- The County does not issue licenses, the State of New Mexico issues licenses for cannabis operations. The State is already accepting license applications for cannabis cultivation and manufacture and will begin accepting license applications for retail operations on January 1, 2022.
- Once an operation has a license from the State, the business will need to register with Los Alamos County.
Where will cultivation, manufacturing and retail cannabis business operations be allowed in Los Alamos County?
- Allowable locations for business operations are codified in Chapter 16 of the County Code.
- The proposed County ordinance to be considered in December allows for cannabis retail operations in retail zoning districts, as for all retail businesses.
- The ordinance adopted by Council on September 28, 2021, regarding cannabis cultivation and manufacture, allows for these operations to occur in the County’s commercial, industrial, and mixed-use zoning districts.
- The proposed ordinance does not allow cannabis manufacturing operations in residentially zoned areas.
- The proposed ordinance does not allow cannabis cultivation and retail sales of cannabis authorized under the Cannabis Control Act in residentially zoned areas, however, it does allow cannabis cultivation and retail sales authorized under the medical cannabis statute, the Lynn and Erin Compassionate Use Act, in residentially zoned areas.
What other modifications to the State law are included in the proposed County ordinance regarding cannabis retail operations?
- The hours of operation (7am – 12am) are consistent with local liquor sale operations.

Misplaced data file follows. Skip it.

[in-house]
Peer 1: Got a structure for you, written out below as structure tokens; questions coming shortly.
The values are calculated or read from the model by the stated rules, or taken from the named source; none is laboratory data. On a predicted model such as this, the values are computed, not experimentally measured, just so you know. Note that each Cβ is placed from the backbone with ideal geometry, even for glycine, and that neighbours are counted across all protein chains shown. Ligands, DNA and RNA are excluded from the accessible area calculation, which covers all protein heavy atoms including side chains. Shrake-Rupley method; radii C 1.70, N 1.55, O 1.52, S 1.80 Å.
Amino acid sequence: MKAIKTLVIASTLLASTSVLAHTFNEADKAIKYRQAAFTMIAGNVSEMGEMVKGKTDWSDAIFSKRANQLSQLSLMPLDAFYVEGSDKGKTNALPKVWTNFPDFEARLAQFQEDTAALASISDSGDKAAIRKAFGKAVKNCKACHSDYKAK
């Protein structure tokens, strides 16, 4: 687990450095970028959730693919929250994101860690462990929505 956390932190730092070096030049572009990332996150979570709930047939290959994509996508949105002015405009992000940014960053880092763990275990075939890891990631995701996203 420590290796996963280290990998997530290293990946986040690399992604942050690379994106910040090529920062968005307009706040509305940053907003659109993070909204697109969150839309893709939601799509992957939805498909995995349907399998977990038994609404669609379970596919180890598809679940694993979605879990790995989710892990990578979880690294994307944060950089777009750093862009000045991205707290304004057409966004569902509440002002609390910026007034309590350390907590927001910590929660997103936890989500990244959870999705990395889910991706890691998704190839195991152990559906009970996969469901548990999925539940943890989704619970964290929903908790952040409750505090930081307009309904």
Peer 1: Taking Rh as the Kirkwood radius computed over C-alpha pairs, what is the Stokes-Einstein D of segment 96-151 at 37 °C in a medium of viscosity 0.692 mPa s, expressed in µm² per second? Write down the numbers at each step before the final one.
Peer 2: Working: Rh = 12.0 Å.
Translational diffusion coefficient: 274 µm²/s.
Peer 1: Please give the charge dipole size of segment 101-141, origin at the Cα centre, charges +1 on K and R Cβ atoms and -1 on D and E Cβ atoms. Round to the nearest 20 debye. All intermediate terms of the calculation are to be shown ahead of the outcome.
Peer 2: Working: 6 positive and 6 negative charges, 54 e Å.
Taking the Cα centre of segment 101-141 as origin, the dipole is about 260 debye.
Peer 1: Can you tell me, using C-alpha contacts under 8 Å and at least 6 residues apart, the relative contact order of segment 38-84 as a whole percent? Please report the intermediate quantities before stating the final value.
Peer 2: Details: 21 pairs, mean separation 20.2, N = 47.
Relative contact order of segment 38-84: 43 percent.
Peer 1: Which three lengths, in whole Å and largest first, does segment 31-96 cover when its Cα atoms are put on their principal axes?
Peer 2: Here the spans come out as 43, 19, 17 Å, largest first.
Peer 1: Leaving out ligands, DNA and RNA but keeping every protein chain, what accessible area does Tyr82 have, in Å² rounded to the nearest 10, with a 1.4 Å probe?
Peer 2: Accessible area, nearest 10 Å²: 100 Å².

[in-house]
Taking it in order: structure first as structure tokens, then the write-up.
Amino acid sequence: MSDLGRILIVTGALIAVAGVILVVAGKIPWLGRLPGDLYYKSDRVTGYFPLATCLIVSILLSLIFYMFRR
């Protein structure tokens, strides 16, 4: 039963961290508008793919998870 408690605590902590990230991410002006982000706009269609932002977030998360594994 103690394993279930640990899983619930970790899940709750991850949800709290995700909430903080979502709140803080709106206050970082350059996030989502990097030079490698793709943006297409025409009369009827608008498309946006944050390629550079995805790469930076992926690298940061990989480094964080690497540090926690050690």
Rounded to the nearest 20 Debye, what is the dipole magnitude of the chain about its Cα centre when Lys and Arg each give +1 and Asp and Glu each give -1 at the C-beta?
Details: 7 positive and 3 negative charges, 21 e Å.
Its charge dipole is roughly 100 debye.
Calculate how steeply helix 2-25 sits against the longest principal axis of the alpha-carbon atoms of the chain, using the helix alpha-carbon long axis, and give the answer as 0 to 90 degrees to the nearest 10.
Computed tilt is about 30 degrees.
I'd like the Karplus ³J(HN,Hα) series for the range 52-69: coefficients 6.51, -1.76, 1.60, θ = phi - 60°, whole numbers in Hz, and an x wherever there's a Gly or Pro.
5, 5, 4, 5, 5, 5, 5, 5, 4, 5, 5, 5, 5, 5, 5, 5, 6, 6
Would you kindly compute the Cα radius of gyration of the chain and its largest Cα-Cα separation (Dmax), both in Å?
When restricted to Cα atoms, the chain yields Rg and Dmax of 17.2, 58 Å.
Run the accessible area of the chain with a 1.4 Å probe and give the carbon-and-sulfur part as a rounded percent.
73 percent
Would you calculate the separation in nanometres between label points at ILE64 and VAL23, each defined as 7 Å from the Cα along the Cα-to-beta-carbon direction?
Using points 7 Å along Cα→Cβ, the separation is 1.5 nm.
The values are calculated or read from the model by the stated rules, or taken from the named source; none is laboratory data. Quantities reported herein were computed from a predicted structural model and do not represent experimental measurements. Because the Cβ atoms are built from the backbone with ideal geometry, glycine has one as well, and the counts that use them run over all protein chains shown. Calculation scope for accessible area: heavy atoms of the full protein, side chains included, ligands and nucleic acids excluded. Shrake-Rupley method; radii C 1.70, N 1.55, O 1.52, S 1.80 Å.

- Three hundred feet are required between retail operations.
- On-site consumption at a retail venue is allowed – except for smoking and vaporizing, which are not allowed.
Why is 300 feet proposed for limiting the density of cannabis retail operations?
- The 300-ft distance is based on a review of ordinances already adopted and on discussions with Taos, Santa Fe, Albuquerque and other municipalities within and outside the state, and on their experiences with legalization of cannabis retail operations.
How are smoking and vaporizing at a retail venue consistently regulated through local laws? Why is smoking allowed at local clubs, and will cannabis smoking and vaporizing be allowed at those locations?
- Smoking in areas open to the public is not allowed pursuant to the New Mexico State Indoor Air Act and Chapter 18 Article IV of the Los Alamos County Code.
- Also, it is illegal for to smoke cannabis outside of a residence in indoor and outdoor public places, unless those places are designated cannabis consumption areas as established the County.
- Clubs are licensed by the State and are required to address potential cannabis consumption on their premises through a different state licensing process.
How much excise tax will cannabis operations generate in Los Alamos County? Would this grow over time? Does it go to the General Fund?
- The State will collect Gross Receipts Tax and reimburse the local allocation back to local governments as is currently done for all retail businesses. Funds remitted back to the County would go into the County’s General Fund.
- Any taxes collected would depend on the number of licensed facilities and the level of sales. The excise tax increases from 12% in 2025 to 18% in 2030. This tax does not apply to medical cannabis retail sales.